Festivals and events like New Year's Eve traditionally involve a firework display, featuring all the usually suspects - rockets, air bombs, roman candles, catherine wheels; the list could go on and on.
For kids and adults alike, a firework display is often an excuse for fun and frolics. So let's make sure the festivities go with a bang - but without any burns!
If you prefer to buy your own fireworks and have all the family over, remember to take extra precaution for everyone's safety.
Don't become another statistic - take the necessary time out to prepare, and follow our safety tips for a fantastic night.
Here are some things to keep in mind:
- Before buying any fireworks always check whether they are for outdoor, indoor or display use.
- Keep all fireworks in a sealed tin, and only use them one at a time. Always leave fireworks in the tin you brought them in until you're ready for the next one.
- Read the instructions thoroughly, this is usually best done before you start your party, when the light is still good.
- Re-check that you know what you're doing before lighting the firework.
- Light fireworks at an arms length, using a firework lighter or taper.
- It's illegal for anyone under the age of 18 to buy most types of firework, or to possess fireworks in a public place.
- Don't let more than one person be in charge of lighting fireworks.
- Never drink alcohol if you are in charge of lighting the fireworks.
- Never put fireworks in your pocket.
- Once you've lit a firework, never go back to it if it doesn't go off as it could explode in your face.
Young children love fireworks, and usually want to play with sparklers. However, sparklers can be dangerous if they're not used safely. Don't forget that sparklers are still fireworks and they get very hot - people get injured due to sparklers.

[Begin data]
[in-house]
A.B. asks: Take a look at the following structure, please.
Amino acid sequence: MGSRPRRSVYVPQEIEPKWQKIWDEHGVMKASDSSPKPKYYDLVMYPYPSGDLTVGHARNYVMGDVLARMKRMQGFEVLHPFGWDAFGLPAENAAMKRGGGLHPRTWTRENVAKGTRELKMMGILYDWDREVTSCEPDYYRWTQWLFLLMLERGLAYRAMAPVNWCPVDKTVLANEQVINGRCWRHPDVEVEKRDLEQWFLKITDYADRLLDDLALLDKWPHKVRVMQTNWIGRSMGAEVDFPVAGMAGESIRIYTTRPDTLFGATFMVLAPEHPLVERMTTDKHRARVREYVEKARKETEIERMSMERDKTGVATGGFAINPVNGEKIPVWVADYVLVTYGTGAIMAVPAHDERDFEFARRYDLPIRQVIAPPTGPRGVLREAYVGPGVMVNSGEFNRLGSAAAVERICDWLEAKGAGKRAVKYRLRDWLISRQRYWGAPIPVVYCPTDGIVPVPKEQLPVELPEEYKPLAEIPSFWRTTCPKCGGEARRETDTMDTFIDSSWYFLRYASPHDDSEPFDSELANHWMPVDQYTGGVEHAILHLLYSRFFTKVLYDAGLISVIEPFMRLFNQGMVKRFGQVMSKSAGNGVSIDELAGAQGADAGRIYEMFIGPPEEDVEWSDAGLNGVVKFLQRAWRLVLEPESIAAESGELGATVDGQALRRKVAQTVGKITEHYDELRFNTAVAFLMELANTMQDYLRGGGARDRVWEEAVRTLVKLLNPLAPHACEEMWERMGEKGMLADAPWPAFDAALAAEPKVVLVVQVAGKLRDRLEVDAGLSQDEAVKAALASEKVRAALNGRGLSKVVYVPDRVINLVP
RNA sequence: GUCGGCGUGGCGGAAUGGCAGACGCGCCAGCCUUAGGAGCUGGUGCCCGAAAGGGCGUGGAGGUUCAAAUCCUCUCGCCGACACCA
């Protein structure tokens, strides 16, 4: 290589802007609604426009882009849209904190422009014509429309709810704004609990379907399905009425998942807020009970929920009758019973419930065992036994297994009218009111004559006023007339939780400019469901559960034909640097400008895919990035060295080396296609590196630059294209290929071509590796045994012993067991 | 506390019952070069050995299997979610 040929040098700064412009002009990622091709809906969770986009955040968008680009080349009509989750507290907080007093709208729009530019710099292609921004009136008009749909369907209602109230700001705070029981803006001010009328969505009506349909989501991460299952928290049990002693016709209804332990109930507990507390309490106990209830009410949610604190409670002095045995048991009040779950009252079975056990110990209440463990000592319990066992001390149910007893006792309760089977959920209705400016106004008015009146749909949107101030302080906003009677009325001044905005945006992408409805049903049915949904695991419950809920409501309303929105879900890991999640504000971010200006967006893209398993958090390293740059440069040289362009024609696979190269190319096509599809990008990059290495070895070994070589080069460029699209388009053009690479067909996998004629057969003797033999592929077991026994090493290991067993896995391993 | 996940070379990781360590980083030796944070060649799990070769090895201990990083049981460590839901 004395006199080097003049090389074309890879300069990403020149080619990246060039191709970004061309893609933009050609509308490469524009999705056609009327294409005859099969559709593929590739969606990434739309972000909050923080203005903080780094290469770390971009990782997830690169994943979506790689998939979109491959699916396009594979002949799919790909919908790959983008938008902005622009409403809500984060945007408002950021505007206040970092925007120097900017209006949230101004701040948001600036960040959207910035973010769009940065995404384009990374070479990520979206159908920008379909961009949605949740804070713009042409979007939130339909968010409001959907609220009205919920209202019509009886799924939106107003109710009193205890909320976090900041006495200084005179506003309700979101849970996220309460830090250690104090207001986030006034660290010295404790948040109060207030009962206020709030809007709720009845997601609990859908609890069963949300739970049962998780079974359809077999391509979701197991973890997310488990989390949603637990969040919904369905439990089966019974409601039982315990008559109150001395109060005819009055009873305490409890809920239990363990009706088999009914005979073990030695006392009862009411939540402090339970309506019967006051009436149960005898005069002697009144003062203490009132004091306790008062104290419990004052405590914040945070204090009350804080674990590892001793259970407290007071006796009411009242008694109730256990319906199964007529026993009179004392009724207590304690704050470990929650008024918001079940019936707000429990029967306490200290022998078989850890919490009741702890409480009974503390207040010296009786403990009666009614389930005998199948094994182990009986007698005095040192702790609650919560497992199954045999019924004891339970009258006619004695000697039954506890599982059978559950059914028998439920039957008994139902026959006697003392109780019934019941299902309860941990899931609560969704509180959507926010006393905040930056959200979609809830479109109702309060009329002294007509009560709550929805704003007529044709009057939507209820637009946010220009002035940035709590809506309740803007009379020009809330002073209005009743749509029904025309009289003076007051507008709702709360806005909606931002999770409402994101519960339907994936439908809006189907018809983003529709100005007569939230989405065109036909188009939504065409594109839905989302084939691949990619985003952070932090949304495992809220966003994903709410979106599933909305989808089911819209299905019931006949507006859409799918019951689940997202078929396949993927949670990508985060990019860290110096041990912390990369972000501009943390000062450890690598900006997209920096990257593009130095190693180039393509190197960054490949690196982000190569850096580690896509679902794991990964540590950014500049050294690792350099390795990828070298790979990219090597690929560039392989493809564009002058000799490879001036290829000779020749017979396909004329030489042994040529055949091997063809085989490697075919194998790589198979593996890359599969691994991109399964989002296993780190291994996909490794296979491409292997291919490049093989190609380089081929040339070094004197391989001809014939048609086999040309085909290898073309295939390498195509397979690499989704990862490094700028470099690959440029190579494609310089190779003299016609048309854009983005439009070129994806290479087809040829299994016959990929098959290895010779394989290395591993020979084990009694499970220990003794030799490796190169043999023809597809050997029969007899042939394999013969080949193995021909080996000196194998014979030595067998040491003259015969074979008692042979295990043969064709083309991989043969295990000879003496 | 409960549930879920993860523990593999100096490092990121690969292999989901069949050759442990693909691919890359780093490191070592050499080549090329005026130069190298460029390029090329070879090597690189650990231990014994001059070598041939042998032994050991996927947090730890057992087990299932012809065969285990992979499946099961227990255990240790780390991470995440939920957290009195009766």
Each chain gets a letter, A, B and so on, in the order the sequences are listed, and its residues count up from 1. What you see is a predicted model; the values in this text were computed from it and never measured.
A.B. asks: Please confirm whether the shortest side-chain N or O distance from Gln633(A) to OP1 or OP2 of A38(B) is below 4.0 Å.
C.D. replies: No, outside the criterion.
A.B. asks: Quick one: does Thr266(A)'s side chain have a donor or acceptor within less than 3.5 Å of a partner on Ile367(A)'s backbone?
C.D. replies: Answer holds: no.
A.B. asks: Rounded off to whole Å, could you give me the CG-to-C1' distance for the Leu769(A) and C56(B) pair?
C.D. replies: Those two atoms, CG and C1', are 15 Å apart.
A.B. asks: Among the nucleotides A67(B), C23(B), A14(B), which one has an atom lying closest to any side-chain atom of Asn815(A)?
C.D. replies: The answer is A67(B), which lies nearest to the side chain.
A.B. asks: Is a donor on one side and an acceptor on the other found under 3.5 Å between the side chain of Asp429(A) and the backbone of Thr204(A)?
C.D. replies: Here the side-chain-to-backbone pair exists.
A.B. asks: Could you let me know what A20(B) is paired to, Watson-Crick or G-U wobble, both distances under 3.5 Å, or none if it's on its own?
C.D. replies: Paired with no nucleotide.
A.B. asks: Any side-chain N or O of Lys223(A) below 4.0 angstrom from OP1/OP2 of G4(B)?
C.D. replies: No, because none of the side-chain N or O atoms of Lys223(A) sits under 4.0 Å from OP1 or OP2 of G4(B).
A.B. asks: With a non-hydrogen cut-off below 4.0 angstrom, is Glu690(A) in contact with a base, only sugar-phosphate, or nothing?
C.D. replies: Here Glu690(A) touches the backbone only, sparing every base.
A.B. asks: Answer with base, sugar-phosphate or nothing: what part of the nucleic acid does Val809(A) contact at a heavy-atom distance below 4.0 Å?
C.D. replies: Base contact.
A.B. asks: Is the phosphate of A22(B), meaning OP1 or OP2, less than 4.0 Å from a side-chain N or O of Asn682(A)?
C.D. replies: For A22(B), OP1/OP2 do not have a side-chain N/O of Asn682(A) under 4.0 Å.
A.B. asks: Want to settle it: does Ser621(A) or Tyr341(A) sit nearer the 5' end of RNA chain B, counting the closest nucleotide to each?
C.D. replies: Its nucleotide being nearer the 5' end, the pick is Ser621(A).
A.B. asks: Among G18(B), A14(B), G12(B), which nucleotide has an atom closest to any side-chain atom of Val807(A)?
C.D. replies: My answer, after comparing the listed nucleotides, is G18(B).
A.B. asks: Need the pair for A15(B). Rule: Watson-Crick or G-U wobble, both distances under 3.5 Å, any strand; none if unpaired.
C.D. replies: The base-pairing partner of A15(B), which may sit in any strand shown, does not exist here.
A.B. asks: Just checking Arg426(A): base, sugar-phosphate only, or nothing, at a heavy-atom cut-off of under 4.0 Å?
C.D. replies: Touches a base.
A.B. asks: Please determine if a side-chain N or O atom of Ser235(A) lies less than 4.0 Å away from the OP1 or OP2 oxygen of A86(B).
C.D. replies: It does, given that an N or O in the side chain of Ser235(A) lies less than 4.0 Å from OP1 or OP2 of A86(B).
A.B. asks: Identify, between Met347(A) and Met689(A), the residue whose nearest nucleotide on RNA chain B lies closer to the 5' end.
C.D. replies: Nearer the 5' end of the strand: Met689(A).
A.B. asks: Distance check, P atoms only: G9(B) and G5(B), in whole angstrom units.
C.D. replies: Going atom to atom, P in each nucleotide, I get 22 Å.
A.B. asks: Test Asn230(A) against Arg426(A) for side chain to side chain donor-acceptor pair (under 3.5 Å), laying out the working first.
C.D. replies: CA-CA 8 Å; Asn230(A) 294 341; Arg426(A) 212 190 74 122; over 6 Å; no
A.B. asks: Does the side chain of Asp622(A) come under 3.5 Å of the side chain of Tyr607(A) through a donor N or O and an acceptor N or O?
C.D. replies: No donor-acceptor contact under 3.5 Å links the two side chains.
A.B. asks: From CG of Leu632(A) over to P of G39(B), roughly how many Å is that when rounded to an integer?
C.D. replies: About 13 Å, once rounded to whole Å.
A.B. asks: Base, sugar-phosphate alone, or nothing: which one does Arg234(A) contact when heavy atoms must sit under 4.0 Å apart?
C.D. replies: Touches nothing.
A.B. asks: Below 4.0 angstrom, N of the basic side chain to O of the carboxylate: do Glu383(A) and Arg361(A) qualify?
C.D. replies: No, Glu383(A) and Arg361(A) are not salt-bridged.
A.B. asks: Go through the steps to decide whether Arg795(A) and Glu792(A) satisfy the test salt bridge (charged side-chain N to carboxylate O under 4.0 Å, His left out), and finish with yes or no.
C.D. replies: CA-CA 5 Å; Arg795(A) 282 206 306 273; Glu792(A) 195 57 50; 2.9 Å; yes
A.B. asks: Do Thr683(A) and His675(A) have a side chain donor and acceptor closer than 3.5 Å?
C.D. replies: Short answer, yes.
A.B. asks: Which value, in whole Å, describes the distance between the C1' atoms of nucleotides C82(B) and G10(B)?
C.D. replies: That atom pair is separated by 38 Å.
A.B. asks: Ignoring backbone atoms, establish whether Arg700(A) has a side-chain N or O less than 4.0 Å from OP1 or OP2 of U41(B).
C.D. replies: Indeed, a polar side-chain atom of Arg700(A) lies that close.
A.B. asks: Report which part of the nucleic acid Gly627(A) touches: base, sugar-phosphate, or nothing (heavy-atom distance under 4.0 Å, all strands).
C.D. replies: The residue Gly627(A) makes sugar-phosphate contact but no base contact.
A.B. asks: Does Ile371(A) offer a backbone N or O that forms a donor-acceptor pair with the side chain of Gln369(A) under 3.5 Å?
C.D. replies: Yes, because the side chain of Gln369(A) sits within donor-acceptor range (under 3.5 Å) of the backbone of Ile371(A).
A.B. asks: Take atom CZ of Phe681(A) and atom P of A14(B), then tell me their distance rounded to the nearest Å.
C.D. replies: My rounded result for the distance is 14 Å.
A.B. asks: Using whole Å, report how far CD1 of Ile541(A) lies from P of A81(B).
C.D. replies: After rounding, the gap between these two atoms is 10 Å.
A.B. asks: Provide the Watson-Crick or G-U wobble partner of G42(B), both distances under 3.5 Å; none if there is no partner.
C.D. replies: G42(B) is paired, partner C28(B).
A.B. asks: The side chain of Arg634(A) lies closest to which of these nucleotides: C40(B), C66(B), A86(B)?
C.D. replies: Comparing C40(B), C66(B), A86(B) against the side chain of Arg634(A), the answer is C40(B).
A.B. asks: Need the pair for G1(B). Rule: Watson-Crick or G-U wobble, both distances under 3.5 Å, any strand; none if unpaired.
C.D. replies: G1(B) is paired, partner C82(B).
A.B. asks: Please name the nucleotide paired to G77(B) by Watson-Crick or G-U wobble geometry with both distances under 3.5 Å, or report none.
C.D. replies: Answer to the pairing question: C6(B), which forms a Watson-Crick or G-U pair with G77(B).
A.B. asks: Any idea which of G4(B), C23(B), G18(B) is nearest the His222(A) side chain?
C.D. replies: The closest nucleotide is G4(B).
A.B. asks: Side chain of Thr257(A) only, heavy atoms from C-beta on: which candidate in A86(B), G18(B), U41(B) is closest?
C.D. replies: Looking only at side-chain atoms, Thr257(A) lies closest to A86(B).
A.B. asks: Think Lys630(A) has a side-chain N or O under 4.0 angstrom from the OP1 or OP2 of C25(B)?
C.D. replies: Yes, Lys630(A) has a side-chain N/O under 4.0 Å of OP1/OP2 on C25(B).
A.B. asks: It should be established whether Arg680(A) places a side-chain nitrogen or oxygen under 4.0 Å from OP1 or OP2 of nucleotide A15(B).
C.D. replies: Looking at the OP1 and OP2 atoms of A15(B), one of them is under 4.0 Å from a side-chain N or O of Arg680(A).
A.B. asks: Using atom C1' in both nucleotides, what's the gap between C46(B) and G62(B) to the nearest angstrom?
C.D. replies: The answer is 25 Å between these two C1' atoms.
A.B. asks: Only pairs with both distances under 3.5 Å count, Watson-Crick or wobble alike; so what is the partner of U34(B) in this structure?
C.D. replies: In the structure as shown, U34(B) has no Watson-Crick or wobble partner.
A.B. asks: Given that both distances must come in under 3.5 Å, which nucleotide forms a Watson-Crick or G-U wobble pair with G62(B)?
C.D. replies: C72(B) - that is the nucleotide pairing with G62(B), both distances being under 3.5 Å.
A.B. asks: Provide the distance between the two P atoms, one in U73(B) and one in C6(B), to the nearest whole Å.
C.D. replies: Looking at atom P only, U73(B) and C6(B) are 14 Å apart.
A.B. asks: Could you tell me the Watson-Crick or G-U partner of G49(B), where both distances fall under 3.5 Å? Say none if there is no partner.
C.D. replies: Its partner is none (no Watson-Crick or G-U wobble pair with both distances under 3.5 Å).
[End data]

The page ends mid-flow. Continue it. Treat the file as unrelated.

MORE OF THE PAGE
To keep your kids safe, make sure they wear gloves and hold sparklers at an arms length. Don't let them wave sparklers about near other people in case they burn them.
It's best to keep an eye on children at all times while sparklers are burning down. Once they have burnt down put any used sparklers in a bucket of sand or cold water.
Never give sparklers to children under the age of five, and don't hold a baby while you're holding a sparkler in case they try to reach out and grab it or the sparks get too close to their skin or clothing.
If you're having a bonfire, make sure it's well away from trees and fences, as well as other flammable materials such as petrol and wooden sheds. Be careful where you set up the bonfire - you don't want to set fire to the neighbors' properties either!
Keep bonfires away from overhead power lines, and make sure you have buckets of sand or water to hand just in case.
Before lighting the bonfire, check that there are no animals (or children!) inside, and make sure spectators are standing at a safe distance.
Never use petrol or paraffin on a bonfire, and make sure the fire is completely out or it could flare up later and the surroundings are safe before you leave it. Use water to douse the last burning embers.
Even if you take precautions, accidents do occasionally happen.
If there is a severe burn to the face or mouth, or if the person is short of breath, call 911 and ask for an ambulance.
If the burn is larger than the person's hand they'll need medical attention. Go to your local emergency room.
You can deal with minor burns at home:
- Take off jewelry and clothing around the burn then cool as quickly as possible by running under cold water for at least 10 minutes.
- Cover the burn with a clean, non-sticky dressing and don't apply lotions or creams.
- If the burn is painful, a painkiller such as acetaminophen will help. If your child is under 12 they must only have infant acetaminophen. Aspirin shouldn't be given to under 16s due to the risk of Reye's syndrome. Reye's syndrome is particularly harmful to the
brain and can be fatal.
- Never interfere with the burn or break any blisters. Most minor burns will heal in 7-10 days but if it doesn't heal or gets worse, it may be infected so it is best to see your doctor.